”A mouthful of glory”
Nelson Brill

July 2004

“If only one could be sure that every 50 years a voice and a soul like Odetta’s would come along, the centuries would pass so quickly and painlessly we would hardly recognize the time.” Dr. Maya Angelou

As Bluefish hit the shores of the Northeast, and their swirling fins and eating frenzies chase bait fish literally onto the sand of Cape Cod beaches, its time to indulge our sonic pleasures in these long summer days in another form of Blues: the deep, sonorities of Odetta’s vocal version, captured in all of its magnificence on this audiophile gem. This recording combines all of the richness of Odetta’s blues vocabulary with the backing of a crack blues ensemble who push and compliment her every step of the ramblin way. The core of this fantastic blues machine is provided by the talents of Seth Farber on piano, Jimmy Vivino on guitar, Paul Ossola on bass and Shawn Pelton on drums. The recording is a sonic revelation, with its image dimensionality particularly noteworthy. It provides a sense of solidity and three dimensionality that is uncanny and should test your audio system’s ability to capture such accuracy in soundstage depth and positioning of the players on stage. This recording will also challenge your system’s ability to get the unusual timbres of Odetta’s diverse vocal range right, (a very difficult task), which this recording offers with absolute brilliance. Odetta’s voice ranges here from the most sorrowful, poignant lament in deep vocal registers, to her absolutely unique, delicate treble reaches. 

The recording commences with the title track which builds from a slow crescendo of piano and bass into a steady rocking stew that Odetta punctuates perfectly with her vocal passion, laughs, sighs and timely delivery of great blues lines, like the following: “There’s blues in my mailbox cause I can’t get no mail; there’s blues in my breadbox cause my bread has gone stale.” Vivino is heard on a driving guitar blues solo on the left of stage, with Farber’s honky tonk piano on the right that puts down some serious funk. You should be able to hear a perfectly long decay of Farber’s piano at the end of this number. Next up is a short, yet most profound, duet between Odetta and Dr. John, accompanied only by the Dr’s piano, on Please Send Me Someone To Love. What a revelation this piece is, both in form, structure and sonic execution! The recording is so perfect that you should be able to discern Odetta’s breathing and see her lips moving in her perfectly timed delivery, while Dr. John’s voice is captured in all of his New Orleans deep and funky tone. Odetta has been known in concert to introduce the human voice as the “oldest instrument in the world,” and here it is on display in all of its expressive greatness. Moving from this gospel tinged number, check out the vibrancy of Unemployment Blues, which features fabulous and furious drum kit work by Pelton charging forth as Vivino’s guitar rifts fly and the sparks of Farber’s honky tonk piano are measured in gulps for air. The material here is as topical today as it was when it was written: Hoping war don’t start and Uncle Sam don’t send me away. Turn to Trouble Everywhere for a churning, burning slow blues number, with more topical material about poverty, war and the struggle for personal redemption on such a world stage, livin’ with the blues. Odetta is in fine form here, her high pristine treble complimented by a swaggering guitar and piano backing, (with an unusual wood ratchet sounding on the left) across a wide soundstage. After several other captivating tunes ranging from tin pan alley acoustic blues to another beauty of a duet with Dr. John, Odetta ends with the Sippie Wallace anthem, You Gotta Know How, sending this one home with humor, grandeur and dignity.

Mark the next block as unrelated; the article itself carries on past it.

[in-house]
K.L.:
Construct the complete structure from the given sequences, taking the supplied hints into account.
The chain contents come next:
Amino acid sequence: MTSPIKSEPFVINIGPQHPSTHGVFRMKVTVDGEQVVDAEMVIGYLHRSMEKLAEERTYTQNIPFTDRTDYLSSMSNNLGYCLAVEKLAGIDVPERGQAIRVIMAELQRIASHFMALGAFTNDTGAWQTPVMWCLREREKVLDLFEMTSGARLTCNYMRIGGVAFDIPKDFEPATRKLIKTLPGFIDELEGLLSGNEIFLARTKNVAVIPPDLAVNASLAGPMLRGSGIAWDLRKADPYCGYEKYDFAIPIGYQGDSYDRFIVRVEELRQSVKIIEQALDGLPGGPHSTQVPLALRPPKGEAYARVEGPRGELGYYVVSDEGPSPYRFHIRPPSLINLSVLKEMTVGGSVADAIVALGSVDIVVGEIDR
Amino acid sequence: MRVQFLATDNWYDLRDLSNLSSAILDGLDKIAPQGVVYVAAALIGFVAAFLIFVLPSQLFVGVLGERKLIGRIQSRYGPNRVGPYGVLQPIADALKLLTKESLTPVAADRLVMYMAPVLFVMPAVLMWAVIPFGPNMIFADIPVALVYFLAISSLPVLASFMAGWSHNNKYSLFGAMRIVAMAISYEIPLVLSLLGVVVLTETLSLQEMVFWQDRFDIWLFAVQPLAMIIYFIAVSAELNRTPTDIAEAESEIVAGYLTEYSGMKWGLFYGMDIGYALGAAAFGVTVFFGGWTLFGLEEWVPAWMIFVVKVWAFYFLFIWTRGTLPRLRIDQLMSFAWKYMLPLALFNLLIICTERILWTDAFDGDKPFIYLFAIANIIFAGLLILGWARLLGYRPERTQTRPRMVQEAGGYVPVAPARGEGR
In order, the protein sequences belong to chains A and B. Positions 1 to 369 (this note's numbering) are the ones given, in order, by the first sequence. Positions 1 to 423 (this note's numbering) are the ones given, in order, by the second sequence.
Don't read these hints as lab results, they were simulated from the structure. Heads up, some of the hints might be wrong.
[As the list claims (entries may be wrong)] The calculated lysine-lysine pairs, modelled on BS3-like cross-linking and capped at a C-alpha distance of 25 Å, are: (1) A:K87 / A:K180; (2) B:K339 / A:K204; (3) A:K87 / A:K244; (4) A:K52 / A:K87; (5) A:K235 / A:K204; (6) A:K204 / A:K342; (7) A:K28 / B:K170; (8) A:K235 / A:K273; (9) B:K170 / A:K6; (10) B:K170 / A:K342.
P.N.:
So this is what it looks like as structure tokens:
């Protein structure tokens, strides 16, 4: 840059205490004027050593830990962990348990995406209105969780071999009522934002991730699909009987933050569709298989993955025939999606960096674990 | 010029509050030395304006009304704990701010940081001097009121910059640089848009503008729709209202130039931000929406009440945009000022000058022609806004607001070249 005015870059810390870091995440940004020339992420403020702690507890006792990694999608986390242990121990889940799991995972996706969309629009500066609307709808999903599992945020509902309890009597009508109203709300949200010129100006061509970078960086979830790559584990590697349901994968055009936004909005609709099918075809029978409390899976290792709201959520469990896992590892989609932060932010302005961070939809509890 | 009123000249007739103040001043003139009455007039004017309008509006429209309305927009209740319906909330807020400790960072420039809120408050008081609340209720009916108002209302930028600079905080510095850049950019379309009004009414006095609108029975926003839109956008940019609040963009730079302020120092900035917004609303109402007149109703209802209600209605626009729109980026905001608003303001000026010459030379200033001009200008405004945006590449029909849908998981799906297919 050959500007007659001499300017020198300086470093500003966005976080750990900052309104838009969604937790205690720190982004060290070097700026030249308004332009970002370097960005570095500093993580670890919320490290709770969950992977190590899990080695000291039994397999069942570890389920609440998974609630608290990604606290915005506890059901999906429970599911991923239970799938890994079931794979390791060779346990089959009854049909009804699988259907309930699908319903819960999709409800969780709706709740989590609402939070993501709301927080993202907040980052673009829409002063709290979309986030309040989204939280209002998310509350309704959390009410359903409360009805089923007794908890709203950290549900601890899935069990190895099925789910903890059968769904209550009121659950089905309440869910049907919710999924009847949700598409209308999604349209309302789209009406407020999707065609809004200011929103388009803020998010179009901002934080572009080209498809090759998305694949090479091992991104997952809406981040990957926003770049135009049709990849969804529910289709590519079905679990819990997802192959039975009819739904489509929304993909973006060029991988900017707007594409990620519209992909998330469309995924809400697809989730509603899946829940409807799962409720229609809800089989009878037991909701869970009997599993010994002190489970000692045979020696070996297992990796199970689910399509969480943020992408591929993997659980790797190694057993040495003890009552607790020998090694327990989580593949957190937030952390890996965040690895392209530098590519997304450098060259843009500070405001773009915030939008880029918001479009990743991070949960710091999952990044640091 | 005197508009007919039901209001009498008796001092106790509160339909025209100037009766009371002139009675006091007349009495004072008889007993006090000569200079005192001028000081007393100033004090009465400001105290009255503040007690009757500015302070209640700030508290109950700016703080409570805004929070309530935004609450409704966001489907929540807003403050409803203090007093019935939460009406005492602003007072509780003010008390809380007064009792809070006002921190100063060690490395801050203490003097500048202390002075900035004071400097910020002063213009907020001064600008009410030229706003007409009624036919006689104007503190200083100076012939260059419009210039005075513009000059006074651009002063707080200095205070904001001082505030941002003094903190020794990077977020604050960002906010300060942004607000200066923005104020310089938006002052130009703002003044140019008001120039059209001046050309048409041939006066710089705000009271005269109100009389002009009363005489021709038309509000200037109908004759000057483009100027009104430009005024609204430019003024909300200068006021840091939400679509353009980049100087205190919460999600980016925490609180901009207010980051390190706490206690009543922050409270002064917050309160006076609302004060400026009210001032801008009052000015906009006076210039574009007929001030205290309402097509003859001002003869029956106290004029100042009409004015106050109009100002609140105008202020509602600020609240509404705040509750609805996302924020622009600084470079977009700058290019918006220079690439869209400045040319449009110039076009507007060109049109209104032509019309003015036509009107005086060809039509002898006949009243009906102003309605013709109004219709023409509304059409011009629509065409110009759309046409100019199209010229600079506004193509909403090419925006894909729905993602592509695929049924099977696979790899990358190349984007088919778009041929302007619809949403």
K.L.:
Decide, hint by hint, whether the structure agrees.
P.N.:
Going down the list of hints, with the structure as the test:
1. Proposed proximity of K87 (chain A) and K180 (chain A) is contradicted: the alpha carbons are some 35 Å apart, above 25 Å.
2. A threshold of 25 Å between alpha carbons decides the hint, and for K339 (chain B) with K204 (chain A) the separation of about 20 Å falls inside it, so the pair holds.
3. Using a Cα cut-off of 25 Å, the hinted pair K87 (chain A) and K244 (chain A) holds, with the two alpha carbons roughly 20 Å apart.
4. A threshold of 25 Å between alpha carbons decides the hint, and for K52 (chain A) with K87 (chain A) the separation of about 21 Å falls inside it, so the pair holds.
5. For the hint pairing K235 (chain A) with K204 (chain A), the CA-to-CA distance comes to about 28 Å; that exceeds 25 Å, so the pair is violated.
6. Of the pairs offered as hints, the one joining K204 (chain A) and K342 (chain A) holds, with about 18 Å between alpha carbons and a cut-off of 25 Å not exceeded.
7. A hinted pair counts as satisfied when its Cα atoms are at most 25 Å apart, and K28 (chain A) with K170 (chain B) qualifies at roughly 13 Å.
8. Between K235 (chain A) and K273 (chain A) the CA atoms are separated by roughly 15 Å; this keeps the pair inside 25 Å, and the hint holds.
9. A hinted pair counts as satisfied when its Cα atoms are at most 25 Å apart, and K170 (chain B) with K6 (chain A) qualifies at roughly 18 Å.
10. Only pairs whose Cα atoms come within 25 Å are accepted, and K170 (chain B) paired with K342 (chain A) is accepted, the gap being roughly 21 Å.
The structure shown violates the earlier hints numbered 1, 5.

We welcome any readers comments or suggestions for other audiophile CD favorites for upcoming Stereo Times reviews. Please contact Nelson Brill@Stereotimes.com


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